Ice cream truck alternative
Mountain View's Little Bee Pops creates organic frozen treats
When Mountain View resident Liz Snyder said no to her 6-year-old daughter's request for a treat from the ice cream truck for the "umpteenth time," her daughter took a stand.
"Mom, why don't you sell your pops at the park?" Snyder describes her daughter as saying. "Then moms and kids could be happy."
A little over a year after this frustrated suggestion, Snyder's daughter now finds herself with the title "Chief Tasting Officer" in Snyder's new frozen treat company, Little Bee Pops. A devoted advocate of sustainable, local and healthful food products, Snyder had always refused to buy commercial treats due to their chemically enhanced ingredients.
After pondering her daughter's idea to sell her own treats, she decided to start a company devoted to creating all-natural Popsicle-like treats using only locally grown produce. Upon successfully raising its $15,000 startup goal on the business-funding website Kickstarter, Little Bee Pops had its first sale in April of this year.
The company's three owners, Snyder and her friends Lilia Schwartz and Melissa Patel, all collaborate on creating various flavors using seasonal produce. The pops vary each week depending on what produce farmers' markets are offering, and aside from the staple ingredients of organic fruit and honey, they often include various vegetables not usually found in desserts. One current flavor, "Raspberry Flash," is made from a mix of organic raspberries, raw honey, lemon juice, flax and spinach.
"Putting spinach in a smoothie is kind of a mom trick," Snyder admits. "Spinach has this amazing ability to just absorb into a smoothie and be flavorless, so we're boosting nutrition and fiber content without changing flavor. We're always looking for what tastes really wonderful and is really nutritious, so we can have something as a company where parents can finally say yes."
Snyder says that the most popular flavor is currently the Ninjaberry, which she describes as a "dark berry" treat with honey, lemon juice, and flax. Depending on the availability, the pop can contain any variation of blackberries, blueberries, strawberries, olallieberries and loganberries. At the commercial kitchen in the East Bay where the treats are prepared, she and her co-owners are also experimenting with fig pops and watermelon-basil pops to appear later in the summer.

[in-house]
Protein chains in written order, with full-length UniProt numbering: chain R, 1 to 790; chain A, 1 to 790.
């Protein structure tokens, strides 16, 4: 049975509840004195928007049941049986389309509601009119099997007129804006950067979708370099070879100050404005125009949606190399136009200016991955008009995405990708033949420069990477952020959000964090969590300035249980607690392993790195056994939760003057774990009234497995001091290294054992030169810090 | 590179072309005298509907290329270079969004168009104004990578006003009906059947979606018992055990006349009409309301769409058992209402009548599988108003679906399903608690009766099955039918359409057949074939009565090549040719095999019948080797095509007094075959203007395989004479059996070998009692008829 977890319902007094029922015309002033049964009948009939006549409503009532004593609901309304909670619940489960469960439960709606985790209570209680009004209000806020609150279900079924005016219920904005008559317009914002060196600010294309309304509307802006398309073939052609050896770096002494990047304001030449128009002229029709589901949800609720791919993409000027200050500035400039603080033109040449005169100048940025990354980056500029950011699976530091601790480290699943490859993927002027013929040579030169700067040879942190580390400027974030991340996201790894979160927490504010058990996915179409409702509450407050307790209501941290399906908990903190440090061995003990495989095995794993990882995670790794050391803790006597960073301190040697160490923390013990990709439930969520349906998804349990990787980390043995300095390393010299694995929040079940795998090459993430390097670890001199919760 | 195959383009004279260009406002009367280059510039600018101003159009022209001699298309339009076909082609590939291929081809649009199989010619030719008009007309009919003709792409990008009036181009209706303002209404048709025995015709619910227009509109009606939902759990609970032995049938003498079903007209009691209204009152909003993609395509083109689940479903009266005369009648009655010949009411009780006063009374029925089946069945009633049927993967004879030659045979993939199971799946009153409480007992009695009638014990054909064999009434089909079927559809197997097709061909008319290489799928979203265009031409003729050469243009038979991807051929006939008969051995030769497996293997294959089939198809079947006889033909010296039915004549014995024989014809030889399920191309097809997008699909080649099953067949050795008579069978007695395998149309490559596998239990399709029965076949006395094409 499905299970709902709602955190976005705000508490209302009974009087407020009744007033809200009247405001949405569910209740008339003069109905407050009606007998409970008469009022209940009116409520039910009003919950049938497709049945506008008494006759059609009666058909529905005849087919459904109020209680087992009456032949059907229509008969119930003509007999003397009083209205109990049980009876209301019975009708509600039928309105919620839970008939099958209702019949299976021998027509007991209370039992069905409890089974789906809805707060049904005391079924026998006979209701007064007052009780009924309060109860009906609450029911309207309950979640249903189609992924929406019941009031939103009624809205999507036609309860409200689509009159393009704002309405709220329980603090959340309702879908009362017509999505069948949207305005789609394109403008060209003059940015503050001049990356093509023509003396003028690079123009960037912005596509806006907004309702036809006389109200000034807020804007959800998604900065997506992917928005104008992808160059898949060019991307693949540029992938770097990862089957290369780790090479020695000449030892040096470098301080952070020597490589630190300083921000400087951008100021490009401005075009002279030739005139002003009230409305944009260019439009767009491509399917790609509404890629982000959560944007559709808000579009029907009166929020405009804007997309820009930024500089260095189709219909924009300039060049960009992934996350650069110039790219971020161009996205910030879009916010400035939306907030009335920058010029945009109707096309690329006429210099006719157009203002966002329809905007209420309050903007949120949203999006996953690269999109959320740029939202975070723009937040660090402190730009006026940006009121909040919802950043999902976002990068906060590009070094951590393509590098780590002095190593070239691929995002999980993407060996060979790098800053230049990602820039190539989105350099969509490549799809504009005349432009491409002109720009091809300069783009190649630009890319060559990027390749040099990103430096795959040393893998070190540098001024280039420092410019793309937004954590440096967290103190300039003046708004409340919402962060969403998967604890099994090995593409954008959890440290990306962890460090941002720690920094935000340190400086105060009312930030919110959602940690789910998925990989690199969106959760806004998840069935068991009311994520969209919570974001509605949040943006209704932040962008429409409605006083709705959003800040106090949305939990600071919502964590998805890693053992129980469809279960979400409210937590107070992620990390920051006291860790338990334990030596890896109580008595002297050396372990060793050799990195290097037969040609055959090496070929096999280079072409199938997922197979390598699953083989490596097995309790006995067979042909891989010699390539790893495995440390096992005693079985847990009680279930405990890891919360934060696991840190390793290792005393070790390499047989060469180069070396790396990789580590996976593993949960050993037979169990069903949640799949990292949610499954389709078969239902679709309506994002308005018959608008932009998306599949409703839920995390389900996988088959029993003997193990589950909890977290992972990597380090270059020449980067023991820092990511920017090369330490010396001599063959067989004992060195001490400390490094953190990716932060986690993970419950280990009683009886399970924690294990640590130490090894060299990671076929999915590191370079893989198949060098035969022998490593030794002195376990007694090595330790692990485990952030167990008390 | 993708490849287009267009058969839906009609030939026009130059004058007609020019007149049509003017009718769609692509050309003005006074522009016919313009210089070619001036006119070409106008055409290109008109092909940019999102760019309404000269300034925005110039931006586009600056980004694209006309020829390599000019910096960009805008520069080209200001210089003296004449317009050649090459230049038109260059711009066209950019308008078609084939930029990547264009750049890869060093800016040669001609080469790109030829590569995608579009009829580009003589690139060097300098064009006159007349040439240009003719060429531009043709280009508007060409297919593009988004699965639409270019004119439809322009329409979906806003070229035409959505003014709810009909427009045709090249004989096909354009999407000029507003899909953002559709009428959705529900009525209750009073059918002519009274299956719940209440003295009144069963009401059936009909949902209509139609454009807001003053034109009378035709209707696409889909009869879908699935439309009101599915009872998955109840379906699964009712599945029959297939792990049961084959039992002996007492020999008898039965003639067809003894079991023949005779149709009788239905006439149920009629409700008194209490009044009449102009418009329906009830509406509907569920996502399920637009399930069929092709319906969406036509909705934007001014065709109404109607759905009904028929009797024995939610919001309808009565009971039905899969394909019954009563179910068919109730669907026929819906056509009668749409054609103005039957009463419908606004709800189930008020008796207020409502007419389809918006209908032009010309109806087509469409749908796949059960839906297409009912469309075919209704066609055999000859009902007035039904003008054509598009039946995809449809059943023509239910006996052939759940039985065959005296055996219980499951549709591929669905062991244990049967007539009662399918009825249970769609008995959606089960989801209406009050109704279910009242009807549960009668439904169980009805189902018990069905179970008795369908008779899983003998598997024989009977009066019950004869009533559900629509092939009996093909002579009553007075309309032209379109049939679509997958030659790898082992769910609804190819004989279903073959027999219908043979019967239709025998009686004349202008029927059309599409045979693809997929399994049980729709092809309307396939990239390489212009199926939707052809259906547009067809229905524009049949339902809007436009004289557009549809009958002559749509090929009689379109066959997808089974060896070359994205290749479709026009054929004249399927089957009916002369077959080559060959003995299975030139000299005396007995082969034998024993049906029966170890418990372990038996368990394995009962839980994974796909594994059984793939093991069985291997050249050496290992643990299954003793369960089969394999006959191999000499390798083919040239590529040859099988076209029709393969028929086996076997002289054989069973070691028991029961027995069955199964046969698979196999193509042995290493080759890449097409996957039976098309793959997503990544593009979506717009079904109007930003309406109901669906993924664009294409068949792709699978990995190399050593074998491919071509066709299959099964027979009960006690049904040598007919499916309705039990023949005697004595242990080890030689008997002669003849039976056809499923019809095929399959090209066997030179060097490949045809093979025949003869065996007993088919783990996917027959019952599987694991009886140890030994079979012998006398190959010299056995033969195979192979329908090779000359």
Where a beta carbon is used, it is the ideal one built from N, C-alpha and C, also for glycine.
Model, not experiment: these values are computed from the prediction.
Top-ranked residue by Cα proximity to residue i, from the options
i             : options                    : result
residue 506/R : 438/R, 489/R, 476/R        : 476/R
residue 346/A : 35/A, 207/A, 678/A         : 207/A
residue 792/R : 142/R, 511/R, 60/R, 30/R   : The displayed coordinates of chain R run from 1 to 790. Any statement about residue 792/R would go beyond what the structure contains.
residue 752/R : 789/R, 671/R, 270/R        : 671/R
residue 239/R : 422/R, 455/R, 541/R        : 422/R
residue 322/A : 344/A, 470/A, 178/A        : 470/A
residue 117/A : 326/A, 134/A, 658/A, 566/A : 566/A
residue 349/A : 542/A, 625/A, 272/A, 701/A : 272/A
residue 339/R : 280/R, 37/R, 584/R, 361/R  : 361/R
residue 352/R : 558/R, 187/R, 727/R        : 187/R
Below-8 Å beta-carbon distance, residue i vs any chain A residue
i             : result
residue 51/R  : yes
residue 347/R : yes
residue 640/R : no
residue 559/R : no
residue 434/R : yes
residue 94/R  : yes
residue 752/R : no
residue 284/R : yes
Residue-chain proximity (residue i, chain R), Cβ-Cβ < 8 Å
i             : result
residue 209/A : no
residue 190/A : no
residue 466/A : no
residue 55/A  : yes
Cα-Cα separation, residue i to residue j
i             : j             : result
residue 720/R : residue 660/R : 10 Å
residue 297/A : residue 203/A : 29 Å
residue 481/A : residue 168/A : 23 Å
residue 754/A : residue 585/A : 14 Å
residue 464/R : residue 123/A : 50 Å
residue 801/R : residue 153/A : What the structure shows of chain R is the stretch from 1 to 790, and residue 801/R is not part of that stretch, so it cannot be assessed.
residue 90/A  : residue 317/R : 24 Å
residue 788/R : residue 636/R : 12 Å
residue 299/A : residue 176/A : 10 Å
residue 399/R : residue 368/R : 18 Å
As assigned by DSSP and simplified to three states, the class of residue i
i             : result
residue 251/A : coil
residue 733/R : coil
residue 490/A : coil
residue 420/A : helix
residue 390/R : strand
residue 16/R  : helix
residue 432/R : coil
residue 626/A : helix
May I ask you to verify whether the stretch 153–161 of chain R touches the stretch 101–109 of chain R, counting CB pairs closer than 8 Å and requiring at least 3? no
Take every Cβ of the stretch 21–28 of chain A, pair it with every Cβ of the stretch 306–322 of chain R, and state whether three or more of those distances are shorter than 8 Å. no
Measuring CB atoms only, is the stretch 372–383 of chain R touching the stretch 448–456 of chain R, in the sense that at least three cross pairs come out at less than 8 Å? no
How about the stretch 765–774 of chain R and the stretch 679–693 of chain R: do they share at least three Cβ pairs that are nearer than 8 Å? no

Snyder says she, Schwartz, and Patel usually go through three or four iterations of pop-making and tasting in order to perfect a new flavor.
"We found that because we're using fresh ingredients, you really have to taste every batch," Snyder says. "We all have to familiarize our palates with what the pops taste like. Sometimes your lemons are more tart; sometimes the fruit is more sour."
After the establishment of a successful flavor, the pops go on sale at the Sunnyvale Farmers' Market and the Campbell Farmers' Market, both of which run from 9 a.m. to 1 p.m. every Sunday. Snyder has applied to sell at the Mountain View Farmers' Market, which she says has a wait time of one year due to its popularity. Aside from selling at farmers' markets, Little Bee Pops offers event catering and currently sells its "Strawberry Avenger" ice pop at the Palo Alto grocery store Country Sun. Strawberry Avenger, which contains organic strawberries, raw honey, lemon juice and flax, has a slightly tart yet refreshing strawberry flavor — similar to that of a frozen strawberry smoothie — that successfully masks any trace of flax seeds. According to Snyder, the pops will be sold at Ava's Downtown Market and Deli in Mountain View starting Thursday of this week.
Snyder estimates that the company makes 1,000 pops per week.
A seasonal item, ice pops can be sold only into October, Snyder says. She and the other owners have already begun looking into other organic, local products to sell during the rest of the year. Honey-sweetened jam is in the works for this fall.
"Melissa, our kitchen manager, is an avid jam maker," Snyder says. "The honey-sweetened pops have such a wonderful flavor to them, so we thought, 'Why not a honey-sweetened jam?' We're converting all our popsicle flavors into jam right now."
Little Bee Pops has a light-hearted feel to its quest to support sustainable agriculture. Snyder's business cards say "Queen of Pops" rather than CEO, while Schwartz and kitchen manager Patel are referred to on the website as Pop Goddess and Chief Whip-Cracker, respectively. Yet behind her playful nature, Snyder has a focused approach to sustainability in agriculture and healthy eating. With a background in nutritional anthropology, she is a co-founder of Full Circle Farm, an 11-acre educational nonprofit farm in Sunnyvale. This experience introduced Snyder to many of the farmers she now buys her pop ingredients from.
In order to avoid wasting produce, Snyder often buys the very ripe fruit necessary for pops from farmers who would not otherwise be able to sell the produce at the next market. Little Bee Pops works hard to ensure that its pops remain as sustainable and environmentally friendly as possible, she says.
"The most challenging part is just staying true to our mission, being local and trying to be sustainable," Patel says.
Snyder stresses the need for a wider evaluation of our current agricultural and food supply system in order to reduce the use of chemical products and support local farms.
"We have this really profoundly broken food system," Snyder says. "Part of repairing it is just eating healthier, but also creating a new network of supply."
Little Bee Pops will be at Eagle Park in Mountain View on Friday, July 27, from 6 to 8 p.m. Eagle Park is located at 500 Franklin St. More information is at littlebeepops.com.